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ChildrenChildren are the Products of their Society and Culture

Educators deliver cultural traditions to learners through teaching style and curriculum content. Across different countries, Early Childhood Curriculum for educators is context-specific despite their similarities. Dr Yang Weipeng shares his view on the Early Childhood Curriculum and discusses the role of culture in early childhood curriculum development.

What are your views on the Early Childhood Curriculum?

Early childhood curriculum (ECC) is the core of early childhood care and education (ECCE). The presence of a well-planned and coordinated curriculum is crucial to prioritise learning settings and provide learning goals and content for early childhood educators and centres. ECC can act as a tool to improve early childhood educators' professional development as well as adequately supporting children's continuous growth in the early years.

"The presence of a well-planned and coordinated curriculum is crucial to prioritise learning settings and provide learning goals and content for early childhood educators and centres."

Dr Yang Weipeng, Lecturer, Early Childhood Education Programme

What are the areas of ECCE research that you are interested in and have been working on?

My research focuses on curriculum design and professional support for early childhood educators to scaffold young children's learning and promote their social-emotional development. My work with young children (especially those who are socially disadvantaged), teachers, parents, and communities aims to explore effective and sustainable ways of enhancing curricular and pedagogical practices in early childhood settings and to assess their effects through research.

Could you share about early childhood curricula in other countries? How are they different from Singapore’s?

As children are the products of a given society and culture, their learning may have different trajectories due to the different experiences and values of their different communities. In 1987, developmentally appropriate practice (DAP) was first adopted in a position statement proposed by the National Association for the Education of Young Children (NAEYC), in the United States. Since then, it has become one of the most influential theoretical ideas in the field of ECE throughout the world. Children's agency had been commonly valued to recognise its essential role in effective learning, which was constructed in play, social interaction, and community participation. Research shows that despite the mutual interactions and similarities, ECC policies and practices have been developed in context-specific ways across countries. For example, Australia's and New Zealand's ECCs emphasised the development of the culturally competent child on top of the holistic development of a capable child, without segregating children's learning into domains.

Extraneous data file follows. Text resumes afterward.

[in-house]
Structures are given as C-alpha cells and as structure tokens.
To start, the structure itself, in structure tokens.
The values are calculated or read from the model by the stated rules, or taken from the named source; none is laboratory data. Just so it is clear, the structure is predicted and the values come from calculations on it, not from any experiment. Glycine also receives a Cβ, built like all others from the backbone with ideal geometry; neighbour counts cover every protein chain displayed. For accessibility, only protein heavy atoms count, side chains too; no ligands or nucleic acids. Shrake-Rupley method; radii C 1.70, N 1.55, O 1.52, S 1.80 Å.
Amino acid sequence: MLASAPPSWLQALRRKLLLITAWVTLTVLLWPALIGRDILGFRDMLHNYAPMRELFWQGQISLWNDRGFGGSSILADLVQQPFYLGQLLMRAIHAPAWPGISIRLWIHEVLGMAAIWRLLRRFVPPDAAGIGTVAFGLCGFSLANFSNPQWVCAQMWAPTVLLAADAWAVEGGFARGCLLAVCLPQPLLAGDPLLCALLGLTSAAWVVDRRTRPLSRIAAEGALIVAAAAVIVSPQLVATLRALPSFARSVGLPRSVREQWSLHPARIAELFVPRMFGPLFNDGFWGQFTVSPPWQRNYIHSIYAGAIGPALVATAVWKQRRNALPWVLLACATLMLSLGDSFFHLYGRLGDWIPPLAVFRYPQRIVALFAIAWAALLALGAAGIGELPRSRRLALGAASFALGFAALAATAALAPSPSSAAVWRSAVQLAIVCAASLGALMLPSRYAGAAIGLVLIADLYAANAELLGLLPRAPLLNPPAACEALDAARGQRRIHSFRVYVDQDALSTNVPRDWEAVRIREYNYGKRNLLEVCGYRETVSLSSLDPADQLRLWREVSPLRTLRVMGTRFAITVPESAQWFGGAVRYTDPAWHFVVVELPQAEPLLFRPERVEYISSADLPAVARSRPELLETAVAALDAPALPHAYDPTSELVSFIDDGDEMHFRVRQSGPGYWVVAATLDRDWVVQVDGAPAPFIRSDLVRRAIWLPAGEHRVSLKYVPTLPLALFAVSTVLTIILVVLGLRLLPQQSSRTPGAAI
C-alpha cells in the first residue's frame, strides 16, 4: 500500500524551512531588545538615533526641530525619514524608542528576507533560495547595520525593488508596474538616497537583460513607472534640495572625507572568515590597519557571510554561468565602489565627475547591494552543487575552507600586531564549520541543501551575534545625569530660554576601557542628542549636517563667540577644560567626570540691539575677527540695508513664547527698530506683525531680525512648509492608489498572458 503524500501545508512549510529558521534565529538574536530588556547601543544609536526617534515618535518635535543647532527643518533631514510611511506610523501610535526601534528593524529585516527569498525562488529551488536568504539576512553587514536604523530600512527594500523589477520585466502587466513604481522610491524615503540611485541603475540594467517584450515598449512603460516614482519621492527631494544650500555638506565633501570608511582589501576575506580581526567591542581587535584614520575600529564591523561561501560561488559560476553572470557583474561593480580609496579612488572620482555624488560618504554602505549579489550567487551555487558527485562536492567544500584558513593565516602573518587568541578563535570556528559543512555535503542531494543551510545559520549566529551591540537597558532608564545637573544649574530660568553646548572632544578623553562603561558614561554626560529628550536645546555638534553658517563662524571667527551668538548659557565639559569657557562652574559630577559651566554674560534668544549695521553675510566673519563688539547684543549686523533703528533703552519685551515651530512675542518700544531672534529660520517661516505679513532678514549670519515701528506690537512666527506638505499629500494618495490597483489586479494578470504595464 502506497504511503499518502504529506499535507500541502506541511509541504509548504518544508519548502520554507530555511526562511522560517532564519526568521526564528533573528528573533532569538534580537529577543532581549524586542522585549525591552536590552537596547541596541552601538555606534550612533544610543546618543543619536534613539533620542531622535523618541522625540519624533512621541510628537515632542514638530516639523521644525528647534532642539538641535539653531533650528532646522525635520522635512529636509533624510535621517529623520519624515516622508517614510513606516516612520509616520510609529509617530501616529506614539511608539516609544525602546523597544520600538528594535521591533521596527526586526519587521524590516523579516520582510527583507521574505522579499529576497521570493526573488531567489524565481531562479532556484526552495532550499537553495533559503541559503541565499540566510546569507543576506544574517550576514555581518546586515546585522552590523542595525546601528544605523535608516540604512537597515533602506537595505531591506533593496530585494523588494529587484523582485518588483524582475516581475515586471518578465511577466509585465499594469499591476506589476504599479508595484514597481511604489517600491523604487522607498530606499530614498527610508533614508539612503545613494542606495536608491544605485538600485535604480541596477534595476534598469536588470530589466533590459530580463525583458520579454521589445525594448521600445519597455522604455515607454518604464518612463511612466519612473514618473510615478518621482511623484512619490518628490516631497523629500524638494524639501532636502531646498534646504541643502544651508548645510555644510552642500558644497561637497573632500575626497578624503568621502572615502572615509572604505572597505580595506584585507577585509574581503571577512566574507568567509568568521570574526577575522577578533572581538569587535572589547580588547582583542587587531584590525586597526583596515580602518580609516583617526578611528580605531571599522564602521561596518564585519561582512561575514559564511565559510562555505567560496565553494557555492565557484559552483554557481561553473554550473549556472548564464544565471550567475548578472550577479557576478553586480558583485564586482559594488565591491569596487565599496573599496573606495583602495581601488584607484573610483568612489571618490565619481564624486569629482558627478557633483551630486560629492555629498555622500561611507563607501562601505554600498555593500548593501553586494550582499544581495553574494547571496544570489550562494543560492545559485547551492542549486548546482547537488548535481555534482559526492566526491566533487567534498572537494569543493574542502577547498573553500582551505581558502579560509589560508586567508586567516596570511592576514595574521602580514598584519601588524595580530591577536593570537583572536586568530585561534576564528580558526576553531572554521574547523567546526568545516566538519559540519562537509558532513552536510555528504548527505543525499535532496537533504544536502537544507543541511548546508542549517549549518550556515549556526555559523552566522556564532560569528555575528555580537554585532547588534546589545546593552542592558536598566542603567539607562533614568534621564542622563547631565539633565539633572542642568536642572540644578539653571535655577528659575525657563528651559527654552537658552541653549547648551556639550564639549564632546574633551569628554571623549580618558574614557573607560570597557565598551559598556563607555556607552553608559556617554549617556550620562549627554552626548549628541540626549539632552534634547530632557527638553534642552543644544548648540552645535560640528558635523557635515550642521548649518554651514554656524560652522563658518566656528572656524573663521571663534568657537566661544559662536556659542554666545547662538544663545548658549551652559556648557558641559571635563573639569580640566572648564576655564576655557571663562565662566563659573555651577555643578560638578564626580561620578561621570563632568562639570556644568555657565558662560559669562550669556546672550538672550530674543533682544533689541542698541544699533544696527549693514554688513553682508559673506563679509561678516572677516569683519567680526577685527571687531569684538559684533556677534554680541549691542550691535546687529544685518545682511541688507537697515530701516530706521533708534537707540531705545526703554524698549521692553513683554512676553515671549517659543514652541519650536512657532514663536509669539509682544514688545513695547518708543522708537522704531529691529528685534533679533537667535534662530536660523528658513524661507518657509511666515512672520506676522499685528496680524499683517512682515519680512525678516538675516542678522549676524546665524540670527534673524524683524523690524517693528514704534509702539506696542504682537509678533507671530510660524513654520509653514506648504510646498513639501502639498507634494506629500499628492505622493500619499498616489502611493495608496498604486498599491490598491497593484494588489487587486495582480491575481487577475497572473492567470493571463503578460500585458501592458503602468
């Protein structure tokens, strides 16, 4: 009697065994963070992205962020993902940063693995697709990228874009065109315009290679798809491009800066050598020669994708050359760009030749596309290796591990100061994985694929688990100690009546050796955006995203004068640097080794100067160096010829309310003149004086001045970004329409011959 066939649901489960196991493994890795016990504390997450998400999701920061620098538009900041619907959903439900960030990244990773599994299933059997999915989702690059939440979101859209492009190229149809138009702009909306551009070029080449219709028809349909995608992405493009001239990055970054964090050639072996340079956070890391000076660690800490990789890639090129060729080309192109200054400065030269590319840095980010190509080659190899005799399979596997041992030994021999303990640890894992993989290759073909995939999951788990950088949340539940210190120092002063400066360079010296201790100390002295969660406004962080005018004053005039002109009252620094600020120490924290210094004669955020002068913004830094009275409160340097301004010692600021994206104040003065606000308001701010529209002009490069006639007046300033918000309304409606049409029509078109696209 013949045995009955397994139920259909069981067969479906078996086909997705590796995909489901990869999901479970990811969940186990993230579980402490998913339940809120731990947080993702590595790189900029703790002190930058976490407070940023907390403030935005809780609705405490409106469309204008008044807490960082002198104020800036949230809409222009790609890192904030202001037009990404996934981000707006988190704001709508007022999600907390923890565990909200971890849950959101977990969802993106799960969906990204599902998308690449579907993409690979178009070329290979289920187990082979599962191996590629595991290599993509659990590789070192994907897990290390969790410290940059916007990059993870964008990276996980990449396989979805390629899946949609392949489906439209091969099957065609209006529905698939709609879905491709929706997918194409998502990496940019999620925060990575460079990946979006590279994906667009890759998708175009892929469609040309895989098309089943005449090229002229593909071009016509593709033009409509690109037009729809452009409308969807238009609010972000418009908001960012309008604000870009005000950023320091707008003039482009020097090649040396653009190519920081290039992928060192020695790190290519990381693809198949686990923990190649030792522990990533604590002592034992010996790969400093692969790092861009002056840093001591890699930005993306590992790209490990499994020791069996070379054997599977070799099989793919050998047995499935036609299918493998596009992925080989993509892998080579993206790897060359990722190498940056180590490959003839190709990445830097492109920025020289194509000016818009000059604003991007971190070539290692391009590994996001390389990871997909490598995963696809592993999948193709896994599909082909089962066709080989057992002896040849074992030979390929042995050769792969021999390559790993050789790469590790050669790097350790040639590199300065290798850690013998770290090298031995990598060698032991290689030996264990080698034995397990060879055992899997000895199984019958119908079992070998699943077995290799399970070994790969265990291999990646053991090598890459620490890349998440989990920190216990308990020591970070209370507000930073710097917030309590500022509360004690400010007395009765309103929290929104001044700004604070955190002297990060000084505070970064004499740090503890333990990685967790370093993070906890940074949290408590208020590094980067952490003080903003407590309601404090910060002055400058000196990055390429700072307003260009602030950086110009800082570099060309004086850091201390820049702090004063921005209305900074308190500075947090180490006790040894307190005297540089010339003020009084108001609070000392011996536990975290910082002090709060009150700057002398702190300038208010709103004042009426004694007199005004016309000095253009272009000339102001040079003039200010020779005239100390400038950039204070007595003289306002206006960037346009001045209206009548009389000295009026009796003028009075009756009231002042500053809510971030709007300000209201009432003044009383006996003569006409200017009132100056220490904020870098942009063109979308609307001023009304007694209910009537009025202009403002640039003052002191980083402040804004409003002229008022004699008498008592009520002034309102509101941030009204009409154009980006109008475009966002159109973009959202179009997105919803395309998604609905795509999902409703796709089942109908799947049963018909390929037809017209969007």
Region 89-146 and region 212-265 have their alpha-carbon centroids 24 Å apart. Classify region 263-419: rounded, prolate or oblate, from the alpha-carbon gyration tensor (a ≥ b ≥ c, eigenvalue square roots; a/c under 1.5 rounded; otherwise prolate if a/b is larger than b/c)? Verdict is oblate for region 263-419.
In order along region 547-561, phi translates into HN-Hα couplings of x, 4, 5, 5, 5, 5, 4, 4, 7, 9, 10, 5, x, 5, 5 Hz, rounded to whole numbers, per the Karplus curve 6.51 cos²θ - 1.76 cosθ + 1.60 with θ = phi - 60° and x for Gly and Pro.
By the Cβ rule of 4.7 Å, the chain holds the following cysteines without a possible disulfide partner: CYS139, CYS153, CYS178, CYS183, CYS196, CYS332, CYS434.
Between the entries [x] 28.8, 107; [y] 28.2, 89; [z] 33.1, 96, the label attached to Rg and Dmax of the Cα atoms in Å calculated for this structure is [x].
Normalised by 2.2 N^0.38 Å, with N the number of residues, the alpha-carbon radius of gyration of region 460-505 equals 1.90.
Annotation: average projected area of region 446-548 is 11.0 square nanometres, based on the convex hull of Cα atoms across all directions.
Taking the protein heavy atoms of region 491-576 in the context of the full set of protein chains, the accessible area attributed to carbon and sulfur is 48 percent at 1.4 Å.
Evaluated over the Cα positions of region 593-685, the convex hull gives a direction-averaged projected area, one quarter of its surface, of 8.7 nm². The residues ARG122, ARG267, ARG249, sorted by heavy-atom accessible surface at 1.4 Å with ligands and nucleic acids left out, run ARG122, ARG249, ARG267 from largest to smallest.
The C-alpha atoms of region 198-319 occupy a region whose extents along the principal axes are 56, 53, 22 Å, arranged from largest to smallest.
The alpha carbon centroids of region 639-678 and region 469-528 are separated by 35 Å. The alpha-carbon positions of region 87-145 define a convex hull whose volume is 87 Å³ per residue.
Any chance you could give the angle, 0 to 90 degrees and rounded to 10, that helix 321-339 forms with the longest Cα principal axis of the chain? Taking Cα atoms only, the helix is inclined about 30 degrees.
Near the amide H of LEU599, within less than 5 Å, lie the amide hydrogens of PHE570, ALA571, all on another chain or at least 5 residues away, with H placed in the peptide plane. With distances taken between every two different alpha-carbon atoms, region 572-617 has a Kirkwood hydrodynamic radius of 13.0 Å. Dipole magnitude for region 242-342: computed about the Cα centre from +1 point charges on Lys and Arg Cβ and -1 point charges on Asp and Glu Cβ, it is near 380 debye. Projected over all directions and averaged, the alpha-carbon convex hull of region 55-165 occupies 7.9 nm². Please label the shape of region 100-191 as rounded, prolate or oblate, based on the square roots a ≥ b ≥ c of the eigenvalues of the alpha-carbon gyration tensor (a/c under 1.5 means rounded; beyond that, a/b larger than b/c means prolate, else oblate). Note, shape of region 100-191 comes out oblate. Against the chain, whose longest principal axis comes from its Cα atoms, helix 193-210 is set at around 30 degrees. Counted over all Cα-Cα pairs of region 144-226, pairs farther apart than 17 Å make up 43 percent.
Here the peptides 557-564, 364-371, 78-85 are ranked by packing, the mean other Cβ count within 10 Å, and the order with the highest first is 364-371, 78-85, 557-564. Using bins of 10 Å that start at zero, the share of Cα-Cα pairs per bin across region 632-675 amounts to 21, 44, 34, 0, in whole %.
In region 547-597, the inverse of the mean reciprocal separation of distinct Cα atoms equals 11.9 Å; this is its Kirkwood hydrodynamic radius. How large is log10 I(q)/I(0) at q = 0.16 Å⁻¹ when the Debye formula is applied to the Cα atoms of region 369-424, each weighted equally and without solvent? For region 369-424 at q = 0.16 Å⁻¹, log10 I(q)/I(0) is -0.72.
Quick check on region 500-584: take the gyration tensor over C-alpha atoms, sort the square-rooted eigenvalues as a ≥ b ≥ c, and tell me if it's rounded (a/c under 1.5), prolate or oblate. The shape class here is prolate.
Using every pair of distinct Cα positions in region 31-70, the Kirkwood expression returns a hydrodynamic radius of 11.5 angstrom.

How could the differences in culture affect the development of the ECE curriculum?

Research on the cultural aspects of curriculum tends to regard the educator as a bearer of dominant cultural ideologies who delivers the local traditional culture to learners through teaching styles and curriculum content. For example, Chen et al. (2017) studied the 'Hong Kong style' of the Project Approach and found that the underlying mechanisms were contextually and philosophically driven. Contextually, there were real challenges, such as time pressure and curriculum demands, parental expectations for academic success, professional competence, emotional tensions and culturally driven pedagogical beliefs. Philosophically, these challenges were confounded by a set of different cultural beliefs about early education and a long-held tradition of practising teacher-directed Chinese pedagogy.

However, there is still a dearth of research on how culture may influence curriculum development in Singapore's childcare centres and kindergartens. It remains to be addressed whether culturally relevant and diverse content has been used in ECC, and what kind of 'culturally sensitive curriculum development' has happened in Singapore.

Featured Publications by Dr Yang Weipeng:

Yang, W., & Li, H. (2019). Changing culture, changing curriculum: a case study of early childhood curriculum innovations in two Chinese kindergartens. The Curriculum Journal, 30(3), 279–297.

Yang, W., & Li, H. (2018). Cultural ideology matters in early childhood curriculum innovations: a comparative case study of Chinese kindergartens between Hong Kong and Shenzhen. Journal of Curriculum Studies, 50(4), 560–585.

Yang, W., & Li, H. (2020). The role of culture in early childhood curriculum development: A case study of curriculum innovations in Hong Kong kindergartens. Contemporary Issues in Early Childhood, 1463949119900359.

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